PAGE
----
5

I would like to infer in Python if a date is the actual day of the year in which the hour is changed due to DST (Daylight Saving Time).

With the library pytz you can localize a datetime and the actual DST change is correctly done. Furthermore, there is the method dst() of the library datetime that allows you to infer if an actual date is in summer or winter time (example). However, I would like to infer the actual day in which a DST change is made.

Concretely, I would need a function (for example is_dst_change(date, timezone)) that receives a date and returns True only for those days of the year that do have an hour change. For example:

import pytz
import datetime

def is_dst_change(day, timezone):
    # Localize
    loc_day = pytz.timezone(timezone).localize(day)

    # Pseudocode: Infer if a date is the actual day in which the dst hour change is made
    if loc_day is dst_change_day:
        return True
    else:
        return False

# In the timezone 'Europe/Madrid', the days in which the DST change is made in 2021 are 28/03/2021 and 31/10/2021
is_dst_change(day=datetime.datetime(year=2021, month=3, day=28), timezone = 'Europe/Madrid')  # This should return True
is_dst_change(day=datetime.datetime(year=2021, month=10, day=31), timezone = 'Europe/Madrid')  # This should return True
is_dst_change(day=datetime.datetime(year=2021, month=2, day=1), timezone = 'Europe/Madrid')  # This should return False
is_dst_change(day=datetime.datetime(year=2021, month=7, day=1), timezone = 'Europe/Madrid')  # This should return False

Thus, in the above example the only days of 2021 for which the function is_dst_change(day, timezone='Europe/Madrid') will return True are 28/03/2021 and 31/10/2021. For the rest of the days of the year 2021, it must return False. Is there a way to infer this with Python?

6
  • Arizona and New Mexico are in the same timezone, but Arizona doesn't change to Daylight Savings Time.
    – Barmar
    Commented Oct 7, 2021 at 15:23
  • @Barmar I think this is mitigated by using the [Country]/[City] timezone identifiers, no? As opposed to using the more broad timezone-only identifiers like EST/EDT, PST/PDT?
    – esqew
    Commented Oct 7, 2021 at 15:34
  • @esqew That's correct, I hadn't thought of that case.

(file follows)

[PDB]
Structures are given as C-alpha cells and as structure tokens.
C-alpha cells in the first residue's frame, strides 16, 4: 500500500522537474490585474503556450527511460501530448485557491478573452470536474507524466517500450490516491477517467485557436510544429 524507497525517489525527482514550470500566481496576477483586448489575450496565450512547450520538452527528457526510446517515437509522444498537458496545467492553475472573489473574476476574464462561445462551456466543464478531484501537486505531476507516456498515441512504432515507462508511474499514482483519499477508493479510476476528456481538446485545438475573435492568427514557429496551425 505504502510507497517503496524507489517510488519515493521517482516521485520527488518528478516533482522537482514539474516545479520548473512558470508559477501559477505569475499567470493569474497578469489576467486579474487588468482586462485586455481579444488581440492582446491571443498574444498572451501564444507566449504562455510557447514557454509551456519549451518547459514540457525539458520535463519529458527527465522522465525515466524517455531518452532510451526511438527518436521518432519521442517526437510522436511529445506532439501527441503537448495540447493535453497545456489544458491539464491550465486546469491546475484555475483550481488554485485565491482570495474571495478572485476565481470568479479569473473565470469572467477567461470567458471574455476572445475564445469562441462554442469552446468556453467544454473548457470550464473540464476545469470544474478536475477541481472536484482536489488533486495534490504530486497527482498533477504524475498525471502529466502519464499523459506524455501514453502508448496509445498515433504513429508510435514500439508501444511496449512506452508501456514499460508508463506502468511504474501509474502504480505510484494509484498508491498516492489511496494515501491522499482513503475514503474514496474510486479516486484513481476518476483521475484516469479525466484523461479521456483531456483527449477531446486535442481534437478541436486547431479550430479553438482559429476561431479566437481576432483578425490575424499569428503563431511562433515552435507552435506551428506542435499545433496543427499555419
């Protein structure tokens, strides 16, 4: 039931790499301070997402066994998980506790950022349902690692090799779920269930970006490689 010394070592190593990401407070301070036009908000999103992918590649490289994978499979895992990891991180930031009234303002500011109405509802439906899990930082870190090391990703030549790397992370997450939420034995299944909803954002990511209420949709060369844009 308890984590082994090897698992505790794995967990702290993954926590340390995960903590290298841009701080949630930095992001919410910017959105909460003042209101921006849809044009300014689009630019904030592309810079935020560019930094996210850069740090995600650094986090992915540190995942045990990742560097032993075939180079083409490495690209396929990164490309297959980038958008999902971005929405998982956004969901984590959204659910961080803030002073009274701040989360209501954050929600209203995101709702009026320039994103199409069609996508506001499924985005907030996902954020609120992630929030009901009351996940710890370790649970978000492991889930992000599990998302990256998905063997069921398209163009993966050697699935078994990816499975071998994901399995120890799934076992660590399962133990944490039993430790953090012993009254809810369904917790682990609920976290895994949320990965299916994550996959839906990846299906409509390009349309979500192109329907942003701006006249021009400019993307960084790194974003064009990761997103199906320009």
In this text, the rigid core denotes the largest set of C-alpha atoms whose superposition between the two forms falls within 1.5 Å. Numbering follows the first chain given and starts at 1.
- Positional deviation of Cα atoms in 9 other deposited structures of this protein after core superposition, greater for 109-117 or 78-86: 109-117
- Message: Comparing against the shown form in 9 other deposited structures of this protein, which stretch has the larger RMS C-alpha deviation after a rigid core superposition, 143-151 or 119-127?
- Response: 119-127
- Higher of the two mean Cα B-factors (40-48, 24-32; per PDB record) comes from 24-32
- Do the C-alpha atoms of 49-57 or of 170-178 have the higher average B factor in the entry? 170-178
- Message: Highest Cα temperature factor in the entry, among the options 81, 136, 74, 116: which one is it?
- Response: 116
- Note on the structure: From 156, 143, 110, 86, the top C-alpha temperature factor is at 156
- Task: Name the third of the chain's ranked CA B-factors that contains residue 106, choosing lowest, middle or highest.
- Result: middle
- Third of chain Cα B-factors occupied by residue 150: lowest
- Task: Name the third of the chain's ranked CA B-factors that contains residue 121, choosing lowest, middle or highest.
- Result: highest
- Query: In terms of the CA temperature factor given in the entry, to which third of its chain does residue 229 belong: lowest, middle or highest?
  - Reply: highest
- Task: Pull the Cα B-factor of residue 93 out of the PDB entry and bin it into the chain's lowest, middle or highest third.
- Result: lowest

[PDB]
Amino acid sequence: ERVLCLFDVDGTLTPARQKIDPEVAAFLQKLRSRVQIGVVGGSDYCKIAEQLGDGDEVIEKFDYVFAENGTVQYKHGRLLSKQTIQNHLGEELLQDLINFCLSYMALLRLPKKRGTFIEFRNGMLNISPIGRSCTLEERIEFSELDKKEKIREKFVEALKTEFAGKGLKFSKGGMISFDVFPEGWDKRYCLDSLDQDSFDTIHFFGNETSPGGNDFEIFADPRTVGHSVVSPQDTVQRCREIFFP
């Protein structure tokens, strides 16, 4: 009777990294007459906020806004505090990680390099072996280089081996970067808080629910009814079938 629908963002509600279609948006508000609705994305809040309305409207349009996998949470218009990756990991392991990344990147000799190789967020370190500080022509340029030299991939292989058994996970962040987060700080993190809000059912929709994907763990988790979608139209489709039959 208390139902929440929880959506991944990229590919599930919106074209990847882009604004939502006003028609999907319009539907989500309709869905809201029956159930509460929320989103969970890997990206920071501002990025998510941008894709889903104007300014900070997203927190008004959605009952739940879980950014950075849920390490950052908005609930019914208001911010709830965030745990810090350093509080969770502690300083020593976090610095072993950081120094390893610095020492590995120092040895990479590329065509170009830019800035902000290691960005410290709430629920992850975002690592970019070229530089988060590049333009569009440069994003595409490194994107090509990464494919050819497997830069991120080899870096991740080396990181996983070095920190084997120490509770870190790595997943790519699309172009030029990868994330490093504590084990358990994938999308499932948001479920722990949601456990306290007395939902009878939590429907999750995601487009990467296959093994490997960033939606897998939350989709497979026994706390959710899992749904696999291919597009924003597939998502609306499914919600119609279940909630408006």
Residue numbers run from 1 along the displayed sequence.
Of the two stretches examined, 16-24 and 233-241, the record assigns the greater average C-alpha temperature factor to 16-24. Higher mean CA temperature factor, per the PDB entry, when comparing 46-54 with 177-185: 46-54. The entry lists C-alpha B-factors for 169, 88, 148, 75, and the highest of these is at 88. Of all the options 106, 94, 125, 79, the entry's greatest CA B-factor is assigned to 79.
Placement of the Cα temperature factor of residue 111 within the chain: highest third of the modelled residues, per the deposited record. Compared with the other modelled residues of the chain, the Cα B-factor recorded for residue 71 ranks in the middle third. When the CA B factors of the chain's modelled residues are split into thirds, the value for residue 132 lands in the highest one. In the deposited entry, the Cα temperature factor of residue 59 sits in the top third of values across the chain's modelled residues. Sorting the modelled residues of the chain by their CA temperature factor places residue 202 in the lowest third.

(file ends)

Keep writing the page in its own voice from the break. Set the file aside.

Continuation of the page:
– Barmar
    Commented Oct 7, 2021 at 15:38
  • @Barmar you'll have to use IANA time zone name here Commented Oct 7, 2021 at 17:00
  • @esqew abbreviations like EST/EDT, PST/PDT are not time zones in a geographical sense, they just tell you UTC offsets of certain time zones during a certain part of the year. And many of them are ambiguous, just search for BST for example. Commented Oct 7, 2021 at 17:03

2 Answers 2

3

You can make use of datetime.dst() (a change in UTC offset is not necessarily a DST transition):

from datetime import datetime, time, timedelta
from zoneinfo import ZoneInfo # Python 3.9+

def is_date_of_DSTtransition(dt: datetime, zone: str) -> bool:
    """
    check if the date part of a datetime object falls on the date
    of a DST transition.
    """
    _d = datetime.combine(dt.date(), time.min).replace(tzinfo=ZoneInfo(zone))
    return _d.dst() != (_d+timedelta(1)).dst()

e.g. for tz Europe/Berlin:

for d in range(366):
    if is_date_of_DSTtransition(datetime(2021, 1, 1) + timedelta(d), "Europe/Berlin"):
        print((datetime(2021, 1, 1) + timedelta(d)).date())
# 2021-03-28
# 2021-10-31

Note: I'm using zoneinfo here instead of pytz; for legacy code, there is a pytz deprecation shim. Here's a pytz version anyway (needs an additional normalize):

import pytz
def is_date_of_DSTtransition(dt: datetime, zone: str) -> bool:
    _d = pytz.timezone(zone).localize(datetime.combine(dt.date(), time.min))
    return _d.dst() != pytz.timezone(zone).normalize(_d+timedelta(1)).dst()
2

If today's UTC offset is different than tomorrow's, then today is a DST change.

def is_dst_change(day: datetime.datetime, timezone):
    # Override time to midnight
    day = day.replace(hour=0, minute=0, second=0, microsecond=0)
    tz = pytz.timezone(timezone)
    return(tz.utcoffset(day+datetime.timedelta(days=1)) != 
            tz.utcoffset(day))

"Today" is defined in this code as midnight to midnight.

2
  • Beat me to it! Repl.it demo I think this is likely the most balanced way to determine this, barring an ultra-optimized is_dst_change-esque function being provided by pytz OOTB.
    – esqew
    Commented Oct 7, 2021 at 15:36
  • 1
    If day is a datetime object and the hour attribute is after the DST change, I think this won't give a correct result. You might want to normalize to the date. Commented Oct 7, 2021 at 15:54

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